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Archive for the ‘LAM MAGAZINE’ Category

BY CONSTANCE CASEY

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The opposum is the only marsupial native to North America.

From the January 2015 issue of Landscape Architecture Magazine.

Opossums, animals that can eat almost anything, are increasingly joining their fellow omnivores at the suburban garbage can buffet. Opossums are shy, shambling creatures—the opposite of aggressive—but an opossum on its nocturnal foraging rounds often elicits a scream of disgust or fear. People tend to see them as ugly and vicious because their tails are bare and their narrow snouts are full of sharp teeth.

An opossum’s tail is ratlike, bald, and scaly. But to think of them as large rats or naked-tailed squirrels is wrong. Opossums, commonly known as possums, are not rodents; they are marsupials. The fact is that they’re North America’s only pouch-bearing animals. (Marsupium is “pouch” in Latin.) The world’s most famous marsupials, kangaroos and koalas, are Australian and cute. (Possums Down Under are in a different family, the Phalangeridae, and have appealing, furry tails.)

The western hemisphere has about 100 opossum species, all in the family Didelphidae. Of these, only one, the Virginia opossum (Didelphis virginiana), lives in North America. When the land bridge linking South and North America formed three million years ago, some opossums trudged north. By the 1600s the creature that would be the Virginia opossum had traveled up to the Virginia colony. There, Captain John Smith of Jamestown observed, “an opassum hath an head like a Swine and a taile like a Rat….” (He derived the name “opassum” from an Algonquin word.) Smith correctly observed that the animal carried its young in a pouch.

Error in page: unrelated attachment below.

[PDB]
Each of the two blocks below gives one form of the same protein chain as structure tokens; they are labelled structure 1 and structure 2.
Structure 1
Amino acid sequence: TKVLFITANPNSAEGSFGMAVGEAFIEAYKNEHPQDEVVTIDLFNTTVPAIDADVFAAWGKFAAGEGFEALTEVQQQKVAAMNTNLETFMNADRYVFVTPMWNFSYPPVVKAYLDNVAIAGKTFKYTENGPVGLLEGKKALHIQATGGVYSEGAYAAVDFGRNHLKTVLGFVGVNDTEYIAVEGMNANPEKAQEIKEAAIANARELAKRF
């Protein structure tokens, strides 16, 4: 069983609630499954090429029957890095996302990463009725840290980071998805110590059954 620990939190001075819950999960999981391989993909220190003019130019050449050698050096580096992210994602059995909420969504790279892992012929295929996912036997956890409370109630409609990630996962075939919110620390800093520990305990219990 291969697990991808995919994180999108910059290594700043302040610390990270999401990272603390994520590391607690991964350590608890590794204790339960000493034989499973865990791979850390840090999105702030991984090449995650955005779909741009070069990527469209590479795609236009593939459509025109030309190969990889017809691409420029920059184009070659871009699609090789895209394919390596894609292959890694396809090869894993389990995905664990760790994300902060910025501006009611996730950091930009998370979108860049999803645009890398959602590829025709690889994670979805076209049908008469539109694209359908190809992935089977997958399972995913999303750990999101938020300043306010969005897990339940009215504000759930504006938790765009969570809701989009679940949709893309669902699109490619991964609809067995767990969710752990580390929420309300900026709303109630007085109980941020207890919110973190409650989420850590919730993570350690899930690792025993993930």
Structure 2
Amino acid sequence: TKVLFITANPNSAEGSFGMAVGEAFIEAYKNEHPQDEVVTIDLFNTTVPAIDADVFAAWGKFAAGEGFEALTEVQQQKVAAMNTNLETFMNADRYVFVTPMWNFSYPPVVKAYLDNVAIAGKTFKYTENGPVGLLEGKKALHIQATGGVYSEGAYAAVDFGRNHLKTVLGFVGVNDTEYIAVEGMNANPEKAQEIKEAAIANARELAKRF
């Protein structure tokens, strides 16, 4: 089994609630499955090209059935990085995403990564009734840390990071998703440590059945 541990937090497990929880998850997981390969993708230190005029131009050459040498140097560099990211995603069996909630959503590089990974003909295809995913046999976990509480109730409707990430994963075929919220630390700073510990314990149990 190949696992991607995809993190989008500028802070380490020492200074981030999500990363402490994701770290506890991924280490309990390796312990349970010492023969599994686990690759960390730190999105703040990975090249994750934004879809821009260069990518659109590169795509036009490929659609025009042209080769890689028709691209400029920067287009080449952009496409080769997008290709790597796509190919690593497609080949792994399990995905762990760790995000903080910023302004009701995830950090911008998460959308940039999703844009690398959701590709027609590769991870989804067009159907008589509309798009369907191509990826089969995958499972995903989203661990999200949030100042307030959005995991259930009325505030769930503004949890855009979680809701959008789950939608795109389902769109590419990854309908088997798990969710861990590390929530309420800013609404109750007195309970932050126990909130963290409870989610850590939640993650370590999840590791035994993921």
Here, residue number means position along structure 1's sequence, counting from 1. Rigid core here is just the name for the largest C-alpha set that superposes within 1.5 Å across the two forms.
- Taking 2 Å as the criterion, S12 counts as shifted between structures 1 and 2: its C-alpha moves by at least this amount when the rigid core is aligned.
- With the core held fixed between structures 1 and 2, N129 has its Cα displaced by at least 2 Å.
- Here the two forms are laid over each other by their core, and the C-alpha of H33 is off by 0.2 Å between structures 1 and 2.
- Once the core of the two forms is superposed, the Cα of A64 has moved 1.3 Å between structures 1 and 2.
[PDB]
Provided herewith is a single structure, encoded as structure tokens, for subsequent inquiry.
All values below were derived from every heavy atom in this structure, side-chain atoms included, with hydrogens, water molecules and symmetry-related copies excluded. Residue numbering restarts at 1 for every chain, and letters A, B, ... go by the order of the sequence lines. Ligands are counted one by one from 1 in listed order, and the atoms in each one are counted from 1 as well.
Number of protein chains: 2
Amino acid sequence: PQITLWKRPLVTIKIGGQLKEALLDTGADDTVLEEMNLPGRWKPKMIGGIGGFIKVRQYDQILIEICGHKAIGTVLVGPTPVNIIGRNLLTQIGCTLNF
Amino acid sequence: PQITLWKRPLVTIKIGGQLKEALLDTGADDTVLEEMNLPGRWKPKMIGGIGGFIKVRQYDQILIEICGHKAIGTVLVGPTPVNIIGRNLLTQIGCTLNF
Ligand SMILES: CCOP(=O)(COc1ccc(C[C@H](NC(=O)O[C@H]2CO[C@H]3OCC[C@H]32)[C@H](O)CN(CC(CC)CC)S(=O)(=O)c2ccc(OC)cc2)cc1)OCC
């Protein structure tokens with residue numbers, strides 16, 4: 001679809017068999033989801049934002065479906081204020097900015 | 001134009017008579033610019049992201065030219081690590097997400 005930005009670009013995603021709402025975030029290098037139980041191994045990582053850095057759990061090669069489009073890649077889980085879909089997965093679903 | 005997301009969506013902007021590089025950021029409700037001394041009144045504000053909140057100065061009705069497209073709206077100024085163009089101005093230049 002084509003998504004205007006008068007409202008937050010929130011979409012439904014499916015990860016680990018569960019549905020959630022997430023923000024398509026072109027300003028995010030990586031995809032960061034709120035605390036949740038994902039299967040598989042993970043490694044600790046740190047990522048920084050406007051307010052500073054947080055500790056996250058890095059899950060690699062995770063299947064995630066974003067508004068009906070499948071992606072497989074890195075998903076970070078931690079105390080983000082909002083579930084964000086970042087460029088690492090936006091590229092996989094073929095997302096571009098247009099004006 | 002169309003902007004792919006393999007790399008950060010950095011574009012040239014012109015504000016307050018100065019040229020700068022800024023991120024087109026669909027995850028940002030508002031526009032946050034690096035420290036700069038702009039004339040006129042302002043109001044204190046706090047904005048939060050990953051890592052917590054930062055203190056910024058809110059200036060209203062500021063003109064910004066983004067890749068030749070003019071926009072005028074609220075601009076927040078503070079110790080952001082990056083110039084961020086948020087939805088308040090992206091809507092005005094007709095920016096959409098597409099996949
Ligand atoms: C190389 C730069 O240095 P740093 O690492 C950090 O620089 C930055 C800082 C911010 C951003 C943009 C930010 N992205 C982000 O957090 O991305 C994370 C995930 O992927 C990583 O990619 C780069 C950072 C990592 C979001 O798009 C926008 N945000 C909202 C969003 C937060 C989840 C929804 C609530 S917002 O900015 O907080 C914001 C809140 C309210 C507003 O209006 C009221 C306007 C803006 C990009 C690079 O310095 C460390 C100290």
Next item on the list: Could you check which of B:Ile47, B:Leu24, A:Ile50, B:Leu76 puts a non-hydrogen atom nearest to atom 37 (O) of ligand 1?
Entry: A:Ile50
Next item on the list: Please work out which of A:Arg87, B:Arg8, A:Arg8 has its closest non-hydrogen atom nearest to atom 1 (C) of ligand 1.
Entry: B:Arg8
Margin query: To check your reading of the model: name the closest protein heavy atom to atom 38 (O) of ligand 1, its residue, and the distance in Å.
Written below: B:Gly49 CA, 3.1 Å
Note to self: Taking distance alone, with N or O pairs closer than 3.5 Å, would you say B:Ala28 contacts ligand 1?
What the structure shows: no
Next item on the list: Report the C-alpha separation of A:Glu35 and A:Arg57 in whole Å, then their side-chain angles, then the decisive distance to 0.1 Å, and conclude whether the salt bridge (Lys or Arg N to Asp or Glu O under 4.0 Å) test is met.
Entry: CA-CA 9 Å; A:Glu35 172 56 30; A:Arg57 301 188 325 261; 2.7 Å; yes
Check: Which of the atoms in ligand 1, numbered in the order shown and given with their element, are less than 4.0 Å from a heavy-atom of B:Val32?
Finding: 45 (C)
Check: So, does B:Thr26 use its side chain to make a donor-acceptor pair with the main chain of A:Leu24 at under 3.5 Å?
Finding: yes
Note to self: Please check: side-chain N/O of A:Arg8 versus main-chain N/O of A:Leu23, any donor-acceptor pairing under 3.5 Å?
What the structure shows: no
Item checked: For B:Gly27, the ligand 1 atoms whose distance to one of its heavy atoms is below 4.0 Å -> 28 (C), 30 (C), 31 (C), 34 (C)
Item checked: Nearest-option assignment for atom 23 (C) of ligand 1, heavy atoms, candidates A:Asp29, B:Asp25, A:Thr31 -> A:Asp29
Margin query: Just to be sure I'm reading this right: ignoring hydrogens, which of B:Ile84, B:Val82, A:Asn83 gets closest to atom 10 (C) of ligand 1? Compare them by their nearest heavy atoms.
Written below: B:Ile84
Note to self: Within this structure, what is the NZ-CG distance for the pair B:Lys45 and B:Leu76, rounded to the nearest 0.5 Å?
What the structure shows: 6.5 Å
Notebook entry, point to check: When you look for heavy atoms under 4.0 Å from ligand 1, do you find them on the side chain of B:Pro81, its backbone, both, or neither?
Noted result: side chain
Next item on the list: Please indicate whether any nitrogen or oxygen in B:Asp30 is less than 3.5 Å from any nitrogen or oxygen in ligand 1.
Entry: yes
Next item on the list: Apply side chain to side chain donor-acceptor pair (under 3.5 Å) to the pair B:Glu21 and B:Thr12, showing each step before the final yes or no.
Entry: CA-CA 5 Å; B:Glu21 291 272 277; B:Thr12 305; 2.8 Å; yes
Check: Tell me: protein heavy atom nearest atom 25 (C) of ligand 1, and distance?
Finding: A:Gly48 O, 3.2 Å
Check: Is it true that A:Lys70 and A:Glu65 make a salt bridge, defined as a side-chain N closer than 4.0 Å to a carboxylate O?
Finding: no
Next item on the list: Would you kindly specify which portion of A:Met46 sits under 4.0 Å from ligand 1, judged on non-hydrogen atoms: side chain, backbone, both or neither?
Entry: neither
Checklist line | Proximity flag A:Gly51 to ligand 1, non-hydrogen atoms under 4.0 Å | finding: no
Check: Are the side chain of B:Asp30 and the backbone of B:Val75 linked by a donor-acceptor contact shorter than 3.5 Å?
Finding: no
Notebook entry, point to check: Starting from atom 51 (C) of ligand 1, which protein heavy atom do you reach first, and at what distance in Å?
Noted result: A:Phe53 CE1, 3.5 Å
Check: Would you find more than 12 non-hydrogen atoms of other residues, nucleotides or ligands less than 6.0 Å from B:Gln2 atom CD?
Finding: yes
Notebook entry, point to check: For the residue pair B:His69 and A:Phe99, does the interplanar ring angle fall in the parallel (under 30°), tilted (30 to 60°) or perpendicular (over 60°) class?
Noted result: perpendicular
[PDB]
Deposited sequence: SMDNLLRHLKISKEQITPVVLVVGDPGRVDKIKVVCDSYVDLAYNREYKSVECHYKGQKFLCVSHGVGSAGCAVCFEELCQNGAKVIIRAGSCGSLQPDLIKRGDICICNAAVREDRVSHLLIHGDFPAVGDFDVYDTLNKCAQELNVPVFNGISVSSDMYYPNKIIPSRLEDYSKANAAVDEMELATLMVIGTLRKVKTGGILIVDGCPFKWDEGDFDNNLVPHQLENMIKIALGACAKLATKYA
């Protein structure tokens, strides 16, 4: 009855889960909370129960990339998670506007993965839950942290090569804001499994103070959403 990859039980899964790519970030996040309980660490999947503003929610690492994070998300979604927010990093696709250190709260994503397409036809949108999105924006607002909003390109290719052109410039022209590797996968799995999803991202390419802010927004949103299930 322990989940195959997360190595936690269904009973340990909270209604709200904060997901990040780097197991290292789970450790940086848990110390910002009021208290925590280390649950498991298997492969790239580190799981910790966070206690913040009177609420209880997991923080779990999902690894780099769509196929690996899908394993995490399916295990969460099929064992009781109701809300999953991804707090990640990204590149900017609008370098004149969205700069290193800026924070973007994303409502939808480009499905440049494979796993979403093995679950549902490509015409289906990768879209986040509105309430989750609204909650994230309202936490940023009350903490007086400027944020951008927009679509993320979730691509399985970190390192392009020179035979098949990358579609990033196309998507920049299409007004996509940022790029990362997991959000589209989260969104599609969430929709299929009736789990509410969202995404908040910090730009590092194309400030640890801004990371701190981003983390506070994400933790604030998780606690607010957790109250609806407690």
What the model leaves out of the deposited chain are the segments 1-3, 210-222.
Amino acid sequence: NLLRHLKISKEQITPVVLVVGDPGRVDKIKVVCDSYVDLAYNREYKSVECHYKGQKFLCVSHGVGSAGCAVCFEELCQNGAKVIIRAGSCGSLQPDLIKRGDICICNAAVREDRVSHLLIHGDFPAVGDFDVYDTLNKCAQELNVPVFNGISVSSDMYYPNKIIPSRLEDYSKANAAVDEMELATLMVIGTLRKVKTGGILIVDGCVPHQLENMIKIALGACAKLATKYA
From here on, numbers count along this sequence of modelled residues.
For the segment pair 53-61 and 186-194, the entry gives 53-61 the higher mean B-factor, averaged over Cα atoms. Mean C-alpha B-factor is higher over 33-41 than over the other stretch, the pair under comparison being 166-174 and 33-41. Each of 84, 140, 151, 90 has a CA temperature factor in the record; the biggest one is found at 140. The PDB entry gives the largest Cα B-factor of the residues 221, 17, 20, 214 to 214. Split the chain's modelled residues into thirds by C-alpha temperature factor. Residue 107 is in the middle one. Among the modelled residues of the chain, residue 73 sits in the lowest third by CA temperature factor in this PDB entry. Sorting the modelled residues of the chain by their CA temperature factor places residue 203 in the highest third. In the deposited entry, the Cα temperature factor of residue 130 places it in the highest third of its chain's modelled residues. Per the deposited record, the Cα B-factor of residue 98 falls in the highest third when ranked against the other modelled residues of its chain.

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Credit: Pier55, Inc./Heatherwick Studio

Some argue the funding for the Hudson River Park could be put to better use elsewhere in the city.

Barry Diller is a billionaire who has committed to underwriting the lion’s share of a $130 million plan for the construction of Pier 55, a 2.7-acre island of undulating parkland and performance venues that would rest atop mushroom-shaped pilings in New York City’s Hudson River Park.

The city’s power brokers have enthusiastically endorsed the proposal, which also includes a 20-year lease under which Pier55, Inc., a nonprofit Diller founded with his wife, the designer Diane von Furstenberg, would pay for the pier’s upkeep and oversee its programming. And quite possibly, the Pier 55 project would help bail out the chronically cash-strapped Hudson River Park Trust, the quasi-public entity charged with running Hudson River Park and raising funds for its maintenance.

However, at a community meeting last week in Manhattan’s West Village neighborhood, which abuts Hudson River Park, many residents had a host of concerns about the Pier 55 project. They questioned its futuristic aesthetic, its environmental impacts, and its contribution to the larger public realm. They also questioned whether their input would be considered during the design process and what trade-offs the Hudson River Park Trust was making in exchange for accepting what reportedly is the single largest private donation to a public park in the city’s history.

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BY JONATHAN LERNER

The Museum of Modern Art wonders whether unsanctioned, light-footprint design gestures can humanize the world’s megacities.

From the January 2015 issue of Landscape Architecture Magazine.

In exploding cities around the world, ever-increasing populations of the poor find themselves occupying dense makeshift settlements, or dangerously subdivided apartments, or massive, isolating housing estates. Official planning and development mechanisms seem unable to cope as cities expand in ways that are disorderly, unpredictable, and resistant to the provision of infrastructure and services. Can design solutions redress the imbalance of wealth and poverty that underlies this? Can city dwellers themselves transform dysfunctional places into communities with livable futures? Can an art museum help solve this global problem? These are questions posed by Uneven Growth: Tactical Urbanisms for Expanding Megacities, an exhibition at the Museum of Modern Art (MOMA).